The balloon payment shock

The balloon payment shockOne of the more common questions we receive from readers about car finance is regarding a balloon payment. In many cases it seems that consumers eager to buy a car sign on for a financing agreement that they do not fully understand.

When we talk about balloon payments (also called residual payments), this refers to a portion of the selling price that is payable at the end of the agreement.

Listen to Maya and Mapalo Makhu discussing this topic on the My Money, My Lifestyle podcast.

Many car financing plans offer this option as it allows you to pay a lower monthly instalment. However, the full balance of that balloon payment must be paid whether it is at the end of the agreement or when you decide to settle your vehicle finance loan. Taking a balloon payment also increases the total cost of the car finance.

For example, you find a car that you really like for R500 000. However, the monthly instalment over five years is R11 400. You cannot afford this, so the dealer suggests that you take a 30% balloon payment option.

This means that R150 000 is put aside to be paid at the end of the agreement and your monthly instalment is calculated on the remaining R350 000

This drops your monthly repayment to R9 700. So now the car becomes “affordable”. What people do not realise is that at the end of the five-year period they still owe the bank R150 000 and that the total cost of the loan is higher.

If you don’t opt for a balloon payment, over five years you pay R684 000 for the car. With a balloon payment of R150 000, you pay R582 000 in monthly instalments plus the R150 000 at the end of the period – a total of R732 000, which is R48 000 more than the total without the balloon payment.

What happens when the balloon payment is due?

Most banks will notify you 90 days before the balloon amount is due to give you time to consider your options. You generally have three choices:

  • Pay the full balloon amount: This assumes that you have R150 000 available to settle the amount.
  • Refinance the balloon amount: This is a new agreement and means you must pay for an extra 12, 24, 36 or 48 months depending on the option you choose. The interest rate of this new agreement may also differ from your original agreement.
  • Sell or trade in the vehicle at a vehicle dealership and settle the outstanding amount:  If you decide to sell your car through a dealership, the dealer will first settle the outstanding amount which includes the balloon payment before paying the balance to you. If the amount is too little to cover the outstanding amount, you will have to settle it or refinance the amount. Even if you sell your vehicle privately you must settle the balloon payment. This option could however leave you stranded without a vehicle.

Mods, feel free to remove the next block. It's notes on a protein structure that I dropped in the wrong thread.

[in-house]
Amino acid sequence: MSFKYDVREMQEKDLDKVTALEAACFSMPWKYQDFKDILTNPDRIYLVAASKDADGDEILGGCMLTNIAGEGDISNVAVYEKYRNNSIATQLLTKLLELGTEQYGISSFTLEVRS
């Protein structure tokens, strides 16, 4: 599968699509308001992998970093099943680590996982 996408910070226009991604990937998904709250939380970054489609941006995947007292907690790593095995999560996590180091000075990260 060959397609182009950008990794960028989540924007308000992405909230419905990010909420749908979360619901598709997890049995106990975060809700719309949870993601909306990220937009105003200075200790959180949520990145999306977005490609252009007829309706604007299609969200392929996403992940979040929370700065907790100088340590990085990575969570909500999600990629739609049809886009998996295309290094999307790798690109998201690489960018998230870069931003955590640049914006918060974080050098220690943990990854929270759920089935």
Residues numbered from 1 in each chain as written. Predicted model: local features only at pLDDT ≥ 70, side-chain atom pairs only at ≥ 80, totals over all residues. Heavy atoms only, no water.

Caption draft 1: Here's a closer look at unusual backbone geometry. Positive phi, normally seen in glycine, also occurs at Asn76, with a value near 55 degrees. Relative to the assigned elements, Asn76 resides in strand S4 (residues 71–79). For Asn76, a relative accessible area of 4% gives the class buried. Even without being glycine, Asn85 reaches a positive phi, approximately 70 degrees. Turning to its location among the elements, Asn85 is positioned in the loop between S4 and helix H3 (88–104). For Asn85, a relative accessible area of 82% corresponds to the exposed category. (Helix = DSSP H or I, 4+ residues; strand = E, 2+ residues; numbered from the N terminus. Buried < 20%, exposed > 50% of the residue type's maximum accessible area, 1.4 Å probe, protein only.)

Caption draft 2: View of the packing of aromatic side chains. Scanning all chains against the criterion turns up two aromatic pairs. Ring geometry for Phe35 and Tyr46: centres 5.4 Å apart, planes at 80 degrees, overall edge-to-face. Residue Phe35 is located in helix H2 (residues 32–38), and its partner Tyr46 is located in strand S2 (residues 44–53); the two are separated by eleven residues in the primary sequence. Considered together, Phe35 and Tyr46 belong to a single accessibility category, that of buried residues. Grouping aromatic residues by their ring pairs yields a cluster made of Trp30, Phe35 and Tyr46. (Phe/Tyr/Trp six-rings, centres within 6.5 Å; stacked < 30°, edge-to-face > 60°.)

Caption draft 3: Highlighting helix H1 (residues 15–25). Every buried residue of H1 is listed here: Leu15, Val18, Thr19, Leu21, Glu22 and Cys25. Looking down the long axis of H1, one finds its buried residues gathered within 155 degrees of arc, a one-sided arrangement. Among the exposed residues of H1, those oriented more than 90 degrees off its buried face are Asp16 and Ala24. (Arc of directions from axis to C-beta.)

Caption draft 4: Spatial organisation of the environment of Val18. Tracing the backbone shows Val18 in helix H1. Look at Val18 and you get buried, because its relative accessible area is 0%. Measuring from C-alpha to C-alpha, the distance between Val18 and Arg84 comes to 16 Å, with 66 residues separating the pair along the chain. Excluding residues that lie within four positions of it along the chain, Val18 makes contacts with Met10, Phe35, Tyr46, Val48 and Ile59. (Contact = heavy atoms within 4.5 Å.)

You could trade your vehicle in at a dealership and replace it with another vehicle. The trade-in value will then be used to cover the outstanding amount which includes the balloon payment. The dealership will pay the outstanding amount directly to the bank as part of the process. If the trade-in value does not cover your outstanding amount, you must either settle the outstanding amount or refinance it.

How can I pay off my balloon payment?

According to the Motor Finance Corporation, even though the balloon payment is used to reduce your monthly instalments, it remains part of your finance agreement. This means that when you request a settlement amount on your vehicle the balloon amount is included in the calculation of the settlement amount. Should you decide to settle your vehicle before the finance term is over, you will still have to pay the balloon amount as it formed part of your original agreement.

Some people think that because they have paid in extra each month to their car repayments this has gone towards settling the total debt. They come in for a surprise when they discover they still owe the full balloon payment. It is important to note that unless you inform the bank, the additional car repayments will not be allocated to your balloon payment and will only be used to reduce the debt with the monthly instalment.

The best way to lower your balloon payment is to inform the bank that the additional funds you are paying must be used to reduce the balloon amount. Alternatively, you could open a savings or investment account to start saving towards the settlement of the balloon payment at the end of the contract.